Should advertisers be held to their straplines?
I expect you’re thinking about Benjamin Careathers.
Some time in 2013, Careathers drank a can of Red Bull and discovered that it didn’t give him wings. But he’s a sophisticated chap, Careathers; he knows about hyperbole.
So he didn’t sue Red Bull because he failed to acquire wings; he sued Red Bull when he discovered that a 250ml can of Red Bull contained no more caffeine than a cup of coffee and claimed to have been misled. In August, a judge agreed with him, finding the claim "deceptive and fraudulent and… therefore actionable".
As a result, Red Bull decided to settle. Anyone who bought a can of Red Bull between 2002 and 2014 may be entitled to $10 in cash, no proof of purchase required: a settlement that could cost the company $13 million.
Possibly for the first time, a fanciful use of verbal imagery – in this instance, not even employing the word "energy" – has been interpreted in law as a "claim" and found to be fraudulent.
The judge’s finding should be causing a great many chief executives, perhaps for the first time ever, to enquire of their chief communications officers just what the company’s strapline is and whether their lawyers think it Careathers-proof.
For the fortunate majority, there is nothing to fear.
Their straplines are little masterpieces of vacuity: Impossible is nothing. The power of dreams. Empowering people. Get closer. Life’s for sharing. On your side.
They seem specifically crafted to thwart any potential challenge from Careathers. "It’s got our name on it" seems pretty safe as well, as long as it has. But others are rather more vulnerable.
"The best a man can get"? No clear acknowledgment that this claim is restricted to shaving. Ben could easily have been misled into thinking that, by buying a Gillette shaving device, he’d be getting the best interest rates and the best women. Sue.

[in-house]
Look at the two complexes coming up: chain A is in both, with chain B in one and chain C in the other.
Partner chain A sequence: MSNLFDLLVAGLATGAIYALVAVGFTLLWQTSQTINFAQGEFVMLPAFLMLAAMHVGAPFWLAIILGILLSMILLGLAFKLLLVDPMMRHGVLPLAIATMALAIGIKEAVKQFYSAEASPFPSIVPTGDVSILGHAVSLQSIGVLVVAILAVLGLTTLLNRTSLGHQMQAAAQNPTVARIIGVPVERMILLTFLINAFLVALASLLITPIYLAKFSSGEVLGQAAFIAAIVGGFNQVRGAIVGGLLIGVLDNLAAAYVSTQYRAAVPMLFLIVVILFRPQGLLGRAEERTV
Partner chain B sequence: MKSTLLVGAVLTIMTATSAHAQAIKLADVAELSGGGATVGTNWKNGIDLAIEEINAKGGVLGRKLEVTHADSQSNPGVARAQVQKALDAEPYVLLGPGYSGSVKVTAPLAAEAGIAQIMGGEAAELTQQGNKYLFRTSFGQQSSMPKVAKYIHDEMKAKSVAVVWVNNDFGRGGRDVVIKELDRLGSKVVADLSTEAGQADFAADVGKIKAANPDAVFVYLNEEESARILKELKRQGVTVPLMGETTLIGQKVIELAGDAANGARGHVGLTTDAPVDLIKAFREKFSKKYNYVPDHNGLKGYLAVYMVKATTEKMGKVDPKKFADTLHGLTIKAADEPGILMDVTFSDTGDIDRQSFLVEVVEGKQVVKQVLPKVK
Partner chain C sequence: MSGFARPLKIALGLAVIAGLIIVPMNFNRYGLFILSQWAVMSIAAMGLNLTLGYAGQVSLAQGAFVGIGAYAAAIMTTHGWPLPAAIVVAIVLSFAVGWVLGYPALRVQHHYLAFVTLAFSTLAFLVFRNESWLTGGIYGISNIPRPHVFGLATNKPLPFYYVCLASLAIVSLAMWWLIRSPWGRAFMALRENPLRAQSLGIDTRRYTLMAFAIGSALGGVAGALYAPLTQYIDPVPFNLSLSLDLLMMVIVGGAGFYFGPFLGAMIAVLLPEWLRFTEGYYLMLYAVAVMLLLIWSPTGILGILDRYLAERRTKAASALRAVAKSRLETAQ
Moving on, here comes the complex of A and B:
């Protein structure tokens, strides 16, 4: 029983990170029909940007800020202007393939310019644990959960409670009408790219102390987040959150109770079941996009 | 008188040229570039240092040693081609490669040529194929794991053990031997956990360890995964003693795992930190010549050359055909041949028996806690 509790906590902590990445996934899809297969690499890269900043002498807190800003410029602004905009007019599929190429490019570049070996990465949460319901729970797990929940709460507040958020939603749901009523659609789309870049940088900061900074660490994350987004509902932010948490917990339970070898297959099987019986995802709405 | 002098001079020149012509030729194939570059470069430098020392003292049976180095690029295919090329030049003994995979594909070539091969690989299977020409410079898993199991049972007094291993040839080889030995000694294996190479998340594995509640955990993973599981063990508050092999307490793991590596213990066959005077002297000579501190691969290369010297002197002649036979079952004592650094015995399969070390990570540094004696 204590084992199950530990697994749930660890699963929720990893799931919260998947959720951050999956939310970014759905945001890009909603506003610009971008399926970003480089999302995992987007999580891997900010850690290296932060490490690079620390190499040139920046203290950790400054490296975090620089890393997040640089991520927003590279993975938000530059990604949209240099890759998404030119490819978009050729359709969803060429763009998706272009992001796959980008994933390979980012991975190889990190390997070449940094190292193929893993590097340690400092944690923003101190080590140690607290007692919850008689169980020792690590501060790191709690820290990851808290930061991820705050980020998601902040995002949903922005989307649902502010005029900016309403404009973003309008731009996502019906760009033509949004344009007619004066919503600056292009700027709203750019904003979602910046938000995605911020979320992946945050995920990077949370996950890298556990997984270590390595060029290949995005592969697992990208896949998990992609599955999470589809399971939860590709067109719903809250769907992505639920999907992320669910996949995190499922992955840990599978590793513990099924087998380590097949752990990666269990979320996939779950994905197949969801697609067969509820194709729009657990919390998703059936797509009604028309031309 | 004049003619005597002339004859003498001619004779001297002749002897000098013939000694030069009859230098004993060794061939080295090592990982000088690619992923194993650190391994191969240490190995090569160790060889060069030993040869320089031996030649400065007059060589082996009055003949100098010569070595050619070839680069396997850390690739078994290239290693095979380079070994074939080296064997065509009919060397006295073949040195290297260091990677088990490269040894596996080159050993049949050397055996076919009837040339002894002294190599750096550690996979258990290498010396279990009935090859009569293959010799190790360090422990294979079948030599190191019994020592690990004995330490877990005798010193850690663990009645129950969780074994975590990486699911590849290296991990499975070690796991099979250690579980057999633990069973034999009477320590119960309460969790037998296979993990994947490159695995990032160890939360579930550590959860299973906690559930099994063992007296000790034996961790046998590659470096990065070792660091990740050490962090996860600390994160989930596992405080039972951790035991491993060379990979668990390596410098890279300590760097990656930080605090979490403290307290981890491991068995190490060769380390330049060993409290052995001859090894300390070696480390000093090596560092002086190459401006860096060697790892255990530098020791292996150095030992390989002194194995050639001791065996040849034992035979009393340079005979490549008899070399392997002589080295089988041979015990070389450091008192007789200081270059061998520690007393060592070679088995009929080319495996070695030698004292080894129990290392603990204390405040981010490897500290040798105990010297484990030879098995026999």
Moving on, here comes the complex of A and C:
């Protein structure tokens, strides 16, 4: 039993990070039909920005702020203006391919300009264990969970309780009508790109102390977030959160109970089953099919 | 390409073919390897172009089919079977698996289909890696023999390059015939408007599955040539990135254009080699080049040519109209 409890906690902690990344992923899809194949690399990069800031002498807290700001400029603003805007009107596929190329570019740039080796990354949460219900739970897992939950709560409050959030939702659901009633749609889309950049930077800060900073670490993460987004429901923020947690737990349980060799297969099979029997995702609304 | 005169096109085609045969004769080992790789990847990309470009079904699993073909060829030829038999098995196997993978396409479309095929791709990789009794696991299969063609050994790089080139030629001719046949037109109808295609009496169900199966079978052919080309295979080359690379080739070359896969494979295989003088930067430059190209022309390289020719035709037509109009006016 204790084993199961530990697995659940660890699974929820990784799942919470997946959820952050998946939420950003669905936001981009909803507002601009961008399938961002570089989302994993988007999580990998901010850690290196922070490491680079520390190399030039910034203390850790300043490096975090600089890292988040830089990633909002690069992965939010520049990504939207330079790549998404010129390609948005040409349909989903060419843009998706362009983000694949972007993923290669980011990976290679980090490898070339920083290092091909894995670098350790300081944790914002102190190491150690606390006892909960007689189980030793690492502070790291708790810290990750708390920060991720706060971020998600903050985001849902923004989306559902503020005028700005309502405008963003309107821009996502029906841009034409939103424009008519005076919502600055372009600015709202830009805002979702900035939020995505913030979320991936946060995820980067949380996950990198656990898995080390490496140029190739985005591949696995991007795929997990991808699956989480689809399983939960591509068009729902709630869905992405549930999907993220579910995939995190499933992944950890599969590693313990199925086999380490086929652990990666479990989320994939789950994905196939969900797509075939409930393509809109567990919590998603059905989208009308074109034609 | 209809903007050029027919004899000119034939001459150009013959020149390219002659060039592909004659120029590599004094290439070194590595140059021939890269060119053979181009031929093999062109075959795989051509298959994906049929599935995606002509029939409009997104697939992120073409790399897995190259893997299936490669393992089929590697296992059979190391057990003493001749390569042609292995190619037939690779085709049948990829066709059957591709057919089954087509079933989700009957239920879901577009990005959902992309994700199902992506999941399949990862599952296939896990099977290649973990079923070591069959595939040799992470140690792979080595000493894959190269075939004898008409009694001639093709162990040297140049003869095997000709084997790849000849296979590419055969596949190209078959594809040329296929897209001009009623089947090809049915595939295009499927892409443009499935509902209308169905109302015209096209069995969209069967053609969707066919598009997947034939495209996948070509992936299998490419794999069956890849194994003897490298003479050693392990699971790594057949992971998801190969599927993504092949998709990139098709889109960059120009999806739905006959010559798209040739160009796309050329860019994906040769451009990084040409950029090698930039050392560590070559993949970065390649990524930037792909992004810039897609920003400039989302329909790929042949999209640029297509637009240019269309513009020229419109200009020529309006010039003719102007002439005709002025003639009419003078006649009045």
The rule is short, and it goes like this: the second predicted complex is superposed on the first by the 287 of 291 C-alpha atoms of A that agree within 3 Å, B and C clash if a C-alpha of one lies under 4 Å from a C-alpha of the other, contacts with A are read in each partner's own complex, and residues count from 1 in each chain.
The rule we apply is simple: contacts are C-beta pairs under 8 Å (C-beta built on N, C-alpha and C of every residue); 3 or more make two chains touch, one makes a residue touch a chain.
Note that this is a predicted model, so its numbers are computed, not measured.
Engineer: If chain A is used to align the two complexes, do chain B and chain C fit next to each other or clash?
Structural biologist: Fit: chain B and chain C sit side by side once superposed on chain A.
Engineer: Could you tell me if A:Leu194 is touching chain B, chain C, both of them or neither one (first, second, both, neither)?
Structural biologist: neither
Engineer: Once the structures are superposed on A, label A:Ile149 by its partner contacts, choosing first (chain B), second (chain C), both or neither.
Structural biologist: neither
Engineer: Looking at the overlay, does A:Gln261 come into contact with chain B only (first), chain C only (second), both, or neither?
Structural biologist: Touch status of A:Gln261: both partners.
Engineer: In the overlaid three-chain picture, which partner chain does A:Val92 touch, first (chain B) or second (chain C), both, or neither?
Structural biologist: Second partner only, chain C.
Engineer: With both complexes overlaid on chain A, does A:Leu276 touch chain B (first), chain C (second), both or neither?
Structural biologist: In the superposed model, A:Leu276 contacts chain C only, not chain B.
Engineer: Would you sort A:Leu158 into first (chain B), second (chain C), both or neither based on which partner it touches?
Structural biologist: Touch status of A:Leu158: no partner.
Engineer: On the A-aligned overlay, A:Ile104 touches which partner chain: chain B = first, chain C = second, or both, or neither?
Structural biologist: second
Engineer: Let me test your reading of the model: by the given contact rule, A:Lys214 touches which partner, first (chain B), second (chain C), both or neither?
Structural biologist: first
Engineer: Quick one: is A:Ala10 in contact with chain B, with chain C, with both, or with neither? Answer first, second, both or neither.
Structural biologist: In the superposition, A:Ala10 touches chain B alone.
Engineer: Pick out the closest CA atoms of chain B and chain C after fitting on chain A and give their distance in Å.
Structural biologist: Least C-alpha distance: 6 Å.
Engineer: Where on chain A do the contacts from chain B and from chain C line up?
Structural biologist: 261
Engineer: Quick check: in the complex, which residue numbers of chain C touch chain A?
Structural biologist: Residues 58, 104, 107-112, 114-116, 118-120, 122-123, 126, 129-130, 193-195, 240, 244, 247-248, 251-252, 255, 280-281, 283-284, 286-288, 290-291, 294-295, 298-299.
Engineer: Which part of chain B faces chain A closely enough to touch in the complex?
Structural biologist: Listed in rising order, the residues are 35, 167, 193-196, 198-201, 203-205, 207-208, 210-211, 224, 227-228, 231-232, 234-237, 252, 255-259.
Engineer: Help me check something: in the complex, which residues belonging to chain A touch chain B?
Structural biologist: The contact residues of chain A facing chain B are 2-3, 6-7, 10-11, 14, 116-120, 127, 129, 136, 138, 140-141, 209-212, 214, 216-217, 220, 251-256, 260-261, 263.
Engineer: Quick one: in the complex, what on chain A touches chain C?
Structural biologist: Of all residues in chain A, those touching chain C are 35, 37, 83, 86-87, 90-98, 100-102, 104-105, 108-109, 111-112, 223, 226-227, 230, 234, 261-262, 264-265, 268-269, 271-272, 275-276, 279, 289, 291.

"Kills germs dead"? Quite apart from the tautology, this is highly dangerous talk. Just one surviving germ – just one seriously poorly germ, a not-yet-finally-departed germ – would be more than enough for Ben to pounce. Sue.
"You either love it or you hate it"? Ben has only to swear on oath that he can take it or leave it to have a watertight case. Sue.
CEO: Remind me, Jason: do we have a strapline?
CCO: We certainly do, JR!
CEO: Of course, silly of me… But it doesn’t mean anything, does it?
CCO: It can mean anything you want it to mean, JR, or, there again, nothing. That’s its great strength! It was tested against another 16 candidate phrases and this was the only one that absolutely nobody could find anything to object to! We even tested it internally and even our own staff couldn’t think of anything to say against it!
CEO: Excellent. So we’re still using… that one that we all agreed on, right?
CCO: Absolutely, JR! "Where past and future meet!" Great line!
CEO: And we can be absolutely certain, can we, that it doesn’t mean anything? We’ve run it by the lawyers and all that?
CCO: The lawyers say that, if it means anything, it means "now". Like, "the present". It means that this company exists at this moment in time.
CEO: And is that a meaningful statement for a company like ours to be making?
CCO: I do hope not, JR!
CEO: Well done, Jason. Good man.
My agency would like to cut the fee I pay them for the work they do and, instead, take a share of any increase in sales. I’m told that’s quite a fashionable thing to do these days. Would you agree that it’s a good idea?
As any study of the IPA’s database will confirm, much of the most effective advertising simply helps maintain brand share and profit margin, but with no significant increase in volume sales.
This being the case, you should snap up your agency’s offer immediately. (You might also begin to doubt their business acumen.)
‘Ask Jeremy’, a collection of Jeremy Bullmore’s Campaign columns, is available from Haymarket, priced £10.Telephone (020) 8267 4919
Jeremy Bullmore welcomes questions via firstname.lastname@example.org or Campaign, Teddington Studios, Broom Road, Teddington, TW11 9BE